Foschini group employees strike

06 Oct 2013 09:40
WINDHOEK/OSHAKATI, 06 OCT (NAMPA) – Employees of The Foschini Group (TFG)’s stores in Namibia have embarked on a country-wide strike, demanding a salary increment of N.dollars 480.
The employees, who are members of the Namibian Wholesale and Retail Workers Union (NWRWU), have turned down the company’s offer of a N.dollars 310 increase.
They started striking at 09h00 on Sunday morning, although the operations at the group’s shops were not affected – with the exception of Oshakati.
The striking employees are union members, while the shops are being manned by managers and employees who are not members of the union.
Speaking to Nampa from South Africa on Sunday, Karde Buys from TFG’s Human Resources department confirmed that the Oshakati stores were closed.
“Due to the unruly behaviour of the demonstrating employees we decided to shut down those stores. The workers threatened those who are working with violence, but the situation is under control as the Namibian Police were called in to monitor the situation,” she said.
Buys said the group’s stores in the rest of the country were open and the situations there were calm as the employees were engaged in peaceful demonstrations.
A handful of employees of TFG in Oshakati started protesting on Sunday morning, saying they will not go back to work before the management of the company agrees to a N.dollars 480 increase.
The NWRWU shop steward at the Oshakati Foschini outlet, Laina Mushungula would not disclose the employees’ salary bracket when asked to shed light on how much the company pays its employees.
“It is difficult for me to say because salary details are strictly confidential at this company,” Mushungula replied.
NWRWU representative Justina Hamukwaya told this news agency on the sidelines of the strike at Oshakati’s Game Shopping Complex wage negotiations between the company and the union started early this year and a dispute between the two parties commenced on 21 August.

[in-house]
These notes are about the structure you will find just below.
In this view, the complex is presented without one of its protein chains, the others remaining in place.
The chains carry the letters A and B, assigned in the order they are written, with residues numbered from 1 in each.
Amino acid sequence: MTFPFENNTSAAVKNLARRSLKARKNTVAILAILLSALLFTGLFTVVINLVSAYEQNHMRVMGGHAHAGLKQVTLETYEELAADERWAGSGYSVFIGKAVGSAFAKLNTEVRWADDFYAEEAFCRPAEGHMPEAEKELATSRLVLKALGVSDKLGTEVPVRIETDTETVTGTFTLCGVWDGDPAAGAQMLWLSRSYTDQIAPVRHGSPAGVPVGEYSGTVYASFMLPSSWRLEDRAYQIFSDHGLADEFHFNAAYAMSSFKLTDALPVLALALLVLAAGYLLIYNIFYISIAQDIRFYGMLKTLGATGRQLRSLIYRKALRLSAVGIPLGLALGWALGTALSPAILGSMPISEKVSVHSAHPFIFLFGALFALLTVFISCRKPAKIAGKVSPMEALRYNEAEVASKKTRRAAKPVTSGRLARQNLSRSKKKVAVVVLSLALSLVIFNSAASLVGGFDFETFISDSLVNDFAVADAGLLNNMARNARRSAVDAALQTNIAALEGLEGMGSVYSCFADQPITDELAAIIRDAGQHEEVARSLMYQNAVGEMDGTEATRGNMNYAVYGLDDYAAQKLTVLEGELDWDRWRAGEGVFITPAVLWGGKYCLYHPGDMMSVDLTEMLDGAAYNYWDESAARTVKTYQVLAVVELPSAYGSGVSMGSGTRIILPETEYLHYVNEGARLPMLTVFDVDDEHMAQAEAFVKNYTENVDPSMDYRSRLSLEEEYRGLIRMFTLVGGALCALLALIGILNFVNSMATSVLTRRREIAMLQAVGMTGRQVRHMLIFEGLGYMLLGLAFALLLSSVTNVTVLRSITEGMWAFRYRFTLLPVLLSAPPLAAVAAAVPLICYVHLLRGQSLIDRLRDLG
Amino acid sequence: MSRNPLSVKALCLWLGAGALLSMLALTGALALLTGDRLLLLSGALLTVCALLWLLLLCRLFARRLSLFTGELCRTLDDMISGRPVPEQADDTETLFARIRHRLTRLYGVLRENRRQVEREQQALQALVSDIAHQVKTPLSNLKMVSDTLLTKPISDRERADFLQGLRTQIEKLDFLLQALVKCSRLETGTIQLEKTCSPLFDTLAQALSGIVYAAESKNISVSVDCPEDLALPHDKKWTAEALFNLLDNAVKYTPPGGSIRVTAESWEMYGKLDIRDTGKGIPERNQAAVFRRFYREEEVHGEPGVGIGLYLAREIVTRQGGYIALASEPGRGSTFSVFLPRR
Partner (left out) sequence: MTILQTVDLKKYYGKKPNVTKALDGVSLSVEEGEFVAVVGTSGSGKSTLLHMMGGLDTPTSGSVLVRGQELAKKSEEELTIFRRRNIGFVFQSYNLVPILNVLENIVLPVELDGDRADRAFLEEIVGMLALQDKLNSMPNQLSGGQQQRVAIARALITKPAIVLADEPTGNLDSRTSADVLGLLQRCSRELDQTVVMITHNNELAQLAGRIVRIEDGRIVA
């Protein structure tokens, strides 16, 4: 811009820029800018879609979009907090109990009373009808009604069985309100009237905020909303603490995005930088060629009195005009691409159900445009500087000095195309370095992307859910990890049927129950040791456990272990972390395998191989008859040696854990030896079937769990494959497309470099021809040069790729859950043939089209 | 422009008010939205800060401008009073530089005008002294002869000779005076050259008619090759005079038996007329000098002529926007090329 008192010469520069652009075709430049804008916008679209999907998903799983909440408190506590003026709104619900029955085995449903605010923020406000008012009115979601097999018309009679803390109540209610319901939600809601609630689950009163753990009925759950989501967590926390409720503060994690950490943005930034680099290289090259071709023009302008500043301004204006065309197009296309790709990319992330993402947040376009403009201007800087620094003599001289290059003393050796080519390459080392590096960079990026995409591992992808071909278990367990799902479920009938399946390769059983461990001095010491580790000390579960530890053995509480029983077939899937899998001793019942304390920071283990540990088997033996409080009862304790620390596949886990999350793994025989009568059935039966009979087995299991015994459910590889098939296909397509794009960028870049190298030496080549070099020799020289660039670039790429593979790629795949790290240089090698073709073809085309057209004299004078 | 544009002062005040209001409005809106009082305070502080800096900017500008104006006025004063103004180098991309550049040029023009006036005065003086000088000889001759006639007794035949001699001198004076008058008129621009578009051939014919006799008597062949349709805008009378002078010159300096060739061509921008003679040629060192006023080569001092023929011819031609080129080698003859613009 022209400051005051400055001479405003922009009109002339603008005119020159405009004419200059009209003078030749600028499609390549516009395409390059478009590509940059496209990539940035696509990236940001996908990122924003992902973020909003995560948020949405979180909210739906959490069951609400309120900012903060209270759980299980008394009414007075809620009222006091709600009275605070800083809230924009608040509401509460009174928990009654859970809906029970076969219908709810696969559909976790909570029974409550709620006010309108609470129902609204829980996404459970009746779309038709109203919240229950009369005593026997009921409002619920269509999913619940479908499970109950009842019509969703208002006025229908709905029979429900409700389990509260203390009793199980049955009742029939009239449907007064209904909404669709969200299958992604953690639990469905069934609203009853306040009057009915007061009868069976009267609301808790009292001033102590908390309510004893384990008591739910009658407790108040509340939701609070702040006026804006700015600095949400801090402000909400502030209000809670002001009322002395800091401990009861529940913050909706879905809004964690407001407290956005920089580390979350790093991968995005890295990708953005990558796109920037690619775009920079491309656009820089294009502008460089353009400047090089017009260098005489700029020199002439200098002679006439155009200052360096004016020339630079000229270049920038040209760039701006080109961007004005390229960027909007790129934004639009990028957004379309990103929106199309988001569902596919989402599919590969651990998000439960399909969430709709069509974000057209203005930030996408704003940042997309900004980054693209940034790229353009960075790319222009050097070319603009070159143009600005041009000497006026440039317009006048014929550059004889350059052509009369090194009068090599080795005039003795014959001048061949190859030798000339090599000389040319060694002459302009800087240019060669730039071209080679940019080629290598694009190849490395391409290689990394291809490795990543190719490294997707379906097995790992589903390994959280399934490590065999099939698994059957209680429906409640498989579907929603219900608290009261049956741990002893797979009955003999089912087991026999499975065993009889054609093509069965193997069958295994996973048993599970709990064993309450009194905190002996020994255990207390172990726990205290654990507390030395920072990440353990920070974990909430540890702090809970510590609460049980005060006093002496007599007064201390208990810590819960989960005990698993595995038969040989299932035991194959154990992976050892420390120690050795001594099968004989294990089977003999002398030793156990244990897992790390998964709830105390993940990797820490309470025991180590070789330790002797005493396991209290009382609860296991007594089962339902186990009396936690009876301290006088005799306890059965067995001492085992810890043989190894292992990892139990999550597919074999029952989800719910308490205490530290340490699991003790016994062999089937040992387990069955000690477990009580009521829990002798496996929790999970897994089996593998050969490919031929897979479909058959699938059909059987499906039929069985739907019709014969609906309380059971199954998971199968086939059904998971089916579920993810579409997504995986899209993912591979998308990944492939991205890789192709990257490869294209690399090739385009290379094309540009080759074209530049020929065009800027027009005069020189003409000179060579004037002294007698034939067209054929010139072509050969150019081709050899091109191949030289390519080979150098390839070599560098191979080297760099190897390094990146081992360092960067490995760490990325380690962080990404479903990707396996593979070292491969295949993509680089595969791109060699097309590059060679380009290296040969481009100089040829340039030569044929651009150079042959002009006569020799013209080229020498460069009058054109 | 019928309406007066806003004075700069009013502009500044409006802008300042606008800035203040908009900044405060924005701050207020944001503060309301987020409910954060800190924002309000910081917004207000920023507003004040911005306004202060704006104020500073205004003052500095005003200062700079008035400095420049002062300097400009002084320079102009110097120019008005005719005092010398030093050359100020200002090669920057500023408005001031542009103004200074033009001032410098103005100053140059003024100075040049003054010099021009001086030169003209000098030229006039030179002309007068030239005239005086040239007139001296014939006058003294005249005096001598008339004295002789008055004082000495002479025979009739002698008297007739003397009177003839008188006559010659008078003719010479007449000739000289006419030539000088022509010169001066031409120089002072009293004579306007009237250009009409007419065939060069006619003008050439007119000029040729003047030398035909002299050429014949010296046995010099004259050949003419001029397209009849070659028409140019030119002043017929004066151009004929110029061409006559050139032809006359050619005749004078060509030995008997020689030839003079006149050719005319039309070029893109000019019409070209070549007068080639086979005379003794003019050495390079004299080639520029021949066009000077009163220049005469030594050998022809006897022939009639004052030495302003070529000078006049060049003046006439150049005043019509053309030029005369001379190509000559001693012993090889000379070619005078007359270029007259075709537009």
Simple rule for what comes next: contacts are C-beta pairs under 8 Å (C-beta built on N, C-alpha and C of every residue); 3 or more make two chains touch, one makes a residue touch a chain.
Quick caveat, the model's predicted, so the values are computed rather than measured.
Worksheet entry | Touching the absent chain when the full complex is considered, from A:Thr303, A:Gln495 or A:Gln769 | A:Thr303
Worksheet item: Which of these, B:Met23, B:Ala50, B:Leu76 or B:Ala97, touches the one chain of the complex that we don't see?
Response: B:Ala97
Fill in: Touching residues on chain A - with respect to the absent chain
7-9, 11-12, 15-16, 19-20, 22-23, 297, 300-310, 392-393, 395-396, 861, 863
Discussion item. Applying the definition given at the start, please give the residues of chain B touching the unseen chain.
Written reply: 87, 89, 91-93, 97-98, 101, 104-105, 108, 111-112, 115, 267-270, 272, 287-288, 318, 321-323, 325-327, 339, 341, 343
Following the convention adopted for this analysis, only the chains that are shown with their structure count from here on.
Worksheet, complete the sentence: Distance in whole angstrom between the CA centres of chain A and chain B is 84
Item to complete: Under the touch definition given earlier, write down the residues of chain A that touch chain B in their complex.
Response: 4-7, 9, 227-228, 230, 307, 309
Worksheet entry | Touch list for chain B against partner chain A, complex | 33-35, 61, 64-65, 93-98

TFG’s stores amongst others include Foschini, Markhams, @home and Sportscene.
Buys said in a statement issued on Friday the group was given notice earlier in the day that staff at its Namibian stores had voted in favour of strike action.
She said the group was very disappointed with the decision as it has always had a good relationship with NWRWU and had negotiated with it in good faith over many years.
She indicated that every effort had been made to achieve conciliation and prevent possible industrial action.
“It is very unfortunate that we were unable to reach consensus with the union over the proposed annual increases. We have been negotiating since March this year and have done everything in our power to avoid a dispute,” she stated.
Buys went on to say the group believes the proposed monthly increase, backdated to 01 April this year, is “very reasonable and fair”.
“In addition we have made a very significant move to increase our minimum wage. The current wage offer would see 75 per cent of our store employees receiving an increase of between 10 and 20 per cent. This is well ahead of inflation, higher than last year’s salary increases and the highest offer in retail in Namibia in 2013,” she stated.
The group has offered its permanent employees a minimum wage of N.dollars 3 000.
“There will be no permanent employees who will be paid less than N.dollars 3000 as from April this year,” she said.
Buys said TFG’s approach has always been to pay an equitable increase which is above inflation, irrespective of the retail sectors cyclical performance.
It also provides staff with numerous other benefits, including religious, study, sport as well as maternity and paternity leave and pension fund with free funeral, death and disability cover, she said, adding that for the past four years it has offered one of most advanced free HIV testing and treatment benefits.
She said TFG was committed to the welfare of its entire staff complement, as well as to its broader corporate responsibilities in Namibia, and the group remained committed to playing their role in the Namibian economy.
Efforts to get comment from the union proved futile.